OBJECTIVE: Raised intracranial pressure (ICP) has been proposed as an isolated cause of retinal hemorrhages (RHs) in children with suspected traumatic head injury. We examined the incidence and patterns of RHs associated with increased ICP in children without trauma, measured by lumbar puncture (LP).
METHODS: Children undergoing LP as part of their routine clinical care were studied prospectively at the Children's Hospital of Philadelphia and retrospectively at Nationwide Children’s Hospital. Inclusion criteria were absence of trauma, LP opening pressure (OP) ≥20 cm of water (cm H2O), and a dilated fundus examination by an ophthalmologist or neuro-ophthalmologist.
RESULTS: One hundred children were studied (mean age: 12 years; range: 3–17 years). Mean OP was 35 cm H2O (range: 20–56 cm H2O); 68 (68%) children had OP >28 cm H2O. The most frequent etiology was idiopathic intracranial hypertension (70%). Seventy-four children had papilledema. Sixteen children had RH: 8 had superficial intraretinal peripapillary RH adjacent to a swollen optic disc, and 8 had only splinter hemorrhages directly on a swollen disc. All had significantly elevated OP (mean: 42 cm H2O).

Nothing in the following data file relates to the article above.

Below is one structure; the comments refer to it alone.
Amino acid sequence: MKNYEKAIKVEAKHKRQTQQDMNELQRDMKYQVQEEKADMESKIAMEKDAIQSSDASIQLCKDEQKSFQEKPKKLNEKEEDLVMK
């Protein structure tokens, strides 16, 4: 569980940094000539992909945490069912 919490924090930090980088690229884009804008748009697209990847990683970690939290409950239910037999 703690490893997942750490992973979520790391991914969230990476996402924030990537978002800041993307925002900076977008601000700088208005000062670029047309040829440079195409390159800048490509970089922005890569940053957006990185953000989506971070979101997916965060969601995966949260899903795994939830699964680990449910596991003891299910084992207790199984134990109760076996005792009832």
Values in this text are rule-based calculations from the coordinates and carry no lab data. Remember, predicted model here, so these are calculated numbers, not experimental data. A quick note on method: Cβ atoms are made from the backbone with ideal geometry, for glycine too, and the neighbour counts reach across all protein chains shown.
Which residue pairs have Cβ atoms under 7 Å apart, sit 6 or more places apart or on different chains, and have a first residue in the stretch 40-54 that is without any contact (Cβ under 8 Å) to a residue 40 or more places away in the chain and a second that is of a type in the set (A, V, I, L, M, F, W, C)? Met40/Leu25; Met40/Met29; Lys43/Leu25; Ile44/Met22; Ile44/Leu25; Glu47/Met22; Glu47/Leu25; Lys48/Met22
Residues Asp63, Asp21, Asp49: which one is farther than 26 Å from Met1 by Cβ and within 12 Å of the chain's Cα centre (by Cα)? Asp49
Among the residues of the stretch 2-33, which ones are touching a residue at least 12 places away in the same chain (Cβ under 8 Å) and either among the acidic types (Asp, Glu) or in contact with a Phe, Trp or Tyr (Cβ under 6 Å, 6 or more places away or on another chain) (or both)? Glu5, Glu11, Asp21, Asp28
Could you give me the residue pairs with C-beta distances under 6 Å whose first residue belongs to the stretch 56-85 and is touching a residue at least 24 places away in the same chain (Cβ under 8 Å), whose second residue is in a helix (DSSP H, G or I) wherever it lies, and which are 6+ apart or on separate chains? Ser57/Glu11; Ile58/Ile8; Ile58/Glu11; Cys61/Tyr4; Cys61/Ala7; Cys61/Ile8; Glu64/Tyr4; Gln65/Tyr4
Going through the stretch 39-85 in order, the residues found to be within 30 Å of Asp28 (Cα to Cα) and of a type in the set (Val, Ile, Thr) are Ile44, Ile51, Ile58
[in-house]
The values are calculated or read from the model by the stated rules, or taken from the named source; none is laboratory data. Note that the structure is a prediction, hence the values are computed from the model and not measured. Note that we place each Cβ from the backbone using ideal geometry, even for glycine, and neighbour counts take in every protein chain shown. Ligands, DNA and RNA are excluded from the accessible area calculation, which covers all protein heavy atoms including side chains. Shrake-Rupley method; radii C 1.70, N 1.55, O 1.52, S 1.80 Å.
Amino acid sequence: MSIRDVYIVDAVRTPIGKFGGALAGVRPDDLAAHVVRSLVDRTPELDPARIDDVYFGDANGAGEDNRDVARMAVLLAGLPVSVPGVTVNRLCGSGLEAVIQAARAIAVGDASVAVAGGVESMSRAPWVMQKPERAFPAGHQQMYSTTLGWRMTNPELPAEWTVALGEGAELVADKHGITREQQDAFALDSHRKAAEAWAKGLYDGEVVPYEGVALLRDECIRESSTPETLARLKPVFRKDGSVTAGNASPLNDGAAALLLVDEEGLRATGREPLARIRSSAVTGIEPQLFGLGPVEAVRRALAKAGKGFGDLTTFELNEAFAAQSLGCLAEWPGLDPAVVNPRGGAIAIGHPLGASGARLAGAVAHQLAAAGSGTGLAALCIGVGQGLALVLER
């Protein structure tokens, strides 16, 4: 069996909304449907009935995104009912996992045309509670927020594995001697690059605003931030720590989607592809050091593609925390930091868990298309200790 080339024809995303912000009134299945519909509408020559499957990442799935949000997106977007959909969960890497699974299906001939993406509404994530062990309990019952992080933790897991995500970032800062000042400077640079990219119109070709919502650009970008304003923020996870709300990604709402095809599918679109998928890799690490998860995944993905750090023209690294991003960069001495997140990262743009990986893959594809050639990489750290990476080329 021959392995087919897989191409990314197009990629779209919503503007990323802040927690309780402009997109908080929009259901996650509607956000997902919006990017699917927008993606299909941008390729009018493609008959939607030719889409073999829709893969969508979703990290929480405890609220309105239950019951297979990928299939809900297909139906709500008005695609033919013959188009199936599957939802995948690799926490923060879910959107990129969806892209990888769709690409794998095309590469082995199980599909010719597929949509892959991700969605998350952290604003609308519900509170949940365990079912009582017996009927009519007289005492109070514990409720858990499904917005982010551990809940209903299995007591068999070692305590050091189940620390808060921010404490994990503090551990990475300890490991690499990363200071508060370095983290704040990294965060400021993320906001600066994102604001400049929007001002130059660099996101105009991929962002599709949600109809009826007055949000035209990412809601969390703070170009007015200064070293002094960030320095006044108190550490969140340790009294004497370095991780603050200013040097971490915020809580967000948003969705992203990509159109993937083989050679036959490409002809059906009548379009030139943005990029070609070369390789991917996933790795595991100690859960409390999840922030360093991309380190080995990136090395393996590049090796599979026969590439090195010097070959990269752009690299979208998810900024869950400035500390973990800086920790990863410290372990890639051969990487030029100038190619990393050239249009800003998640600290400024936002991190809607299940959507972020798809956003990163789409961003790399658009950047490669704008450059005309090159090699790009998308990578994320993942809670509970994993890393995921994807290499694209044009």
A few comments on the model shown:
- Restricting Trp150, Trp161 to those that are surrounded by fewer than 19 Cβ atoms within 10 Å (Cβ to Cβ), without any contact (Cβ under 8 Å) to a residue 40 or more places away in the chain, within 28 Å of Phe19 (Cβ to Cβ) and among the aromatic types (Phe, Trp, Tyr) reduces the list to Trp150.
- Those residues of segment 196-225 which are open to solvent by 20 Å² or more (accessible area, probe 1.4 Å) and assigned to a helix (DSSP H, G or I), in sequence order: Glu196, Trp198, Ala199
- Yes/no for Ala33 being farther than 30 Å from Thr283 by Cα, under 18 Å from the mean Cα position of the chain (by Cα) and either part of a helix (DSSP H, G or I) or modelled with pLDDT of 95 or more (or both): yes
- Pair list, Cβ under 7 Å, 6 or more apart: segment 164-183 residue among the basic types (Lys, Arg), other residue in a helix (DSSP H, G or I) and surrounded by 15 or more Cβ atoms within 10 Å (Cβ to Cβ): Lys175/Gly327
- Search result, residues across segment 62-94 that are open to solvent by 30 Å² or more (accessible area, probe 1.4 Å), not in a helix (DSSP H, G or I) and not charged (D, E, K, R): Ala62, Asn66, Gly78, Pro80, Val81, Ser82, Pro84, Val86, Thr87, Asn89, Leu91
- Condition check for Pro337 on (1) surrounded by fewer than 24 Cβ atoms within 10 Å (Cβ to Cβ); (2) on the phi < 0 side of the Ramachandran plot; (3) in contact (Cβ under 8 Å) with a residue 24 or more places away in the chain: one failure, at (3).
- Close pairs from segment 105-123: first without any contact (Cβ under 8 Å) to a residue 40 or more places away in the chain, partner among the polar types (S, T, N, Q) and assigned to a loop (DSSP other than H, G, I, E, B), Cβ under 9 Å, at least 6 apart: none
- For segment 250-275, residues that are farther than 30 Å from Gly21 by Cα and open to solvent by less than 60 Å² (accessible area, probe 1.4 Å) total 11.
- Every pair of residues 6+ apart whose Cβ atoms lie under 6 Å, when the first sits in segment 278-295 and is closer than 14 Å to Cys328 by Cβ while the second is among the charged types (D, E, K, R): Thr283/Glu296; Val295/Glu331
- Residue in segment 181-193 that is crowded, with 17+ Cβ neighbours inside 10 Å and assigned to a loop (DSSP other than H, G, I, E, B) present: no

CONCLUSIONS: Only a small proportion of children with nontraumatic elevated ICP have RHs. When present, RHs are associated with markedly elevated OP, intraretinal, and invariably located adjacent to a swollen optic disc. This peripapillary pattern is distinct from the multilayered, widespread pattern of RH in abusive head trauma. When RHs are numerous, multilayered, or not near a swollen optic disc (eg, elsewhere in the posterior pole or in the retinal periphery), increased ICP alone is unlikely to be the cause.
- AHT —
- abusive head trauma
- ICP —
- intracranial pressure
- OP —
- opening pressure
- RH —
- retinal hemorrhage
- Accepted May 28, 2013.
- Copyright © 2013 by the American Academy of Pediatrics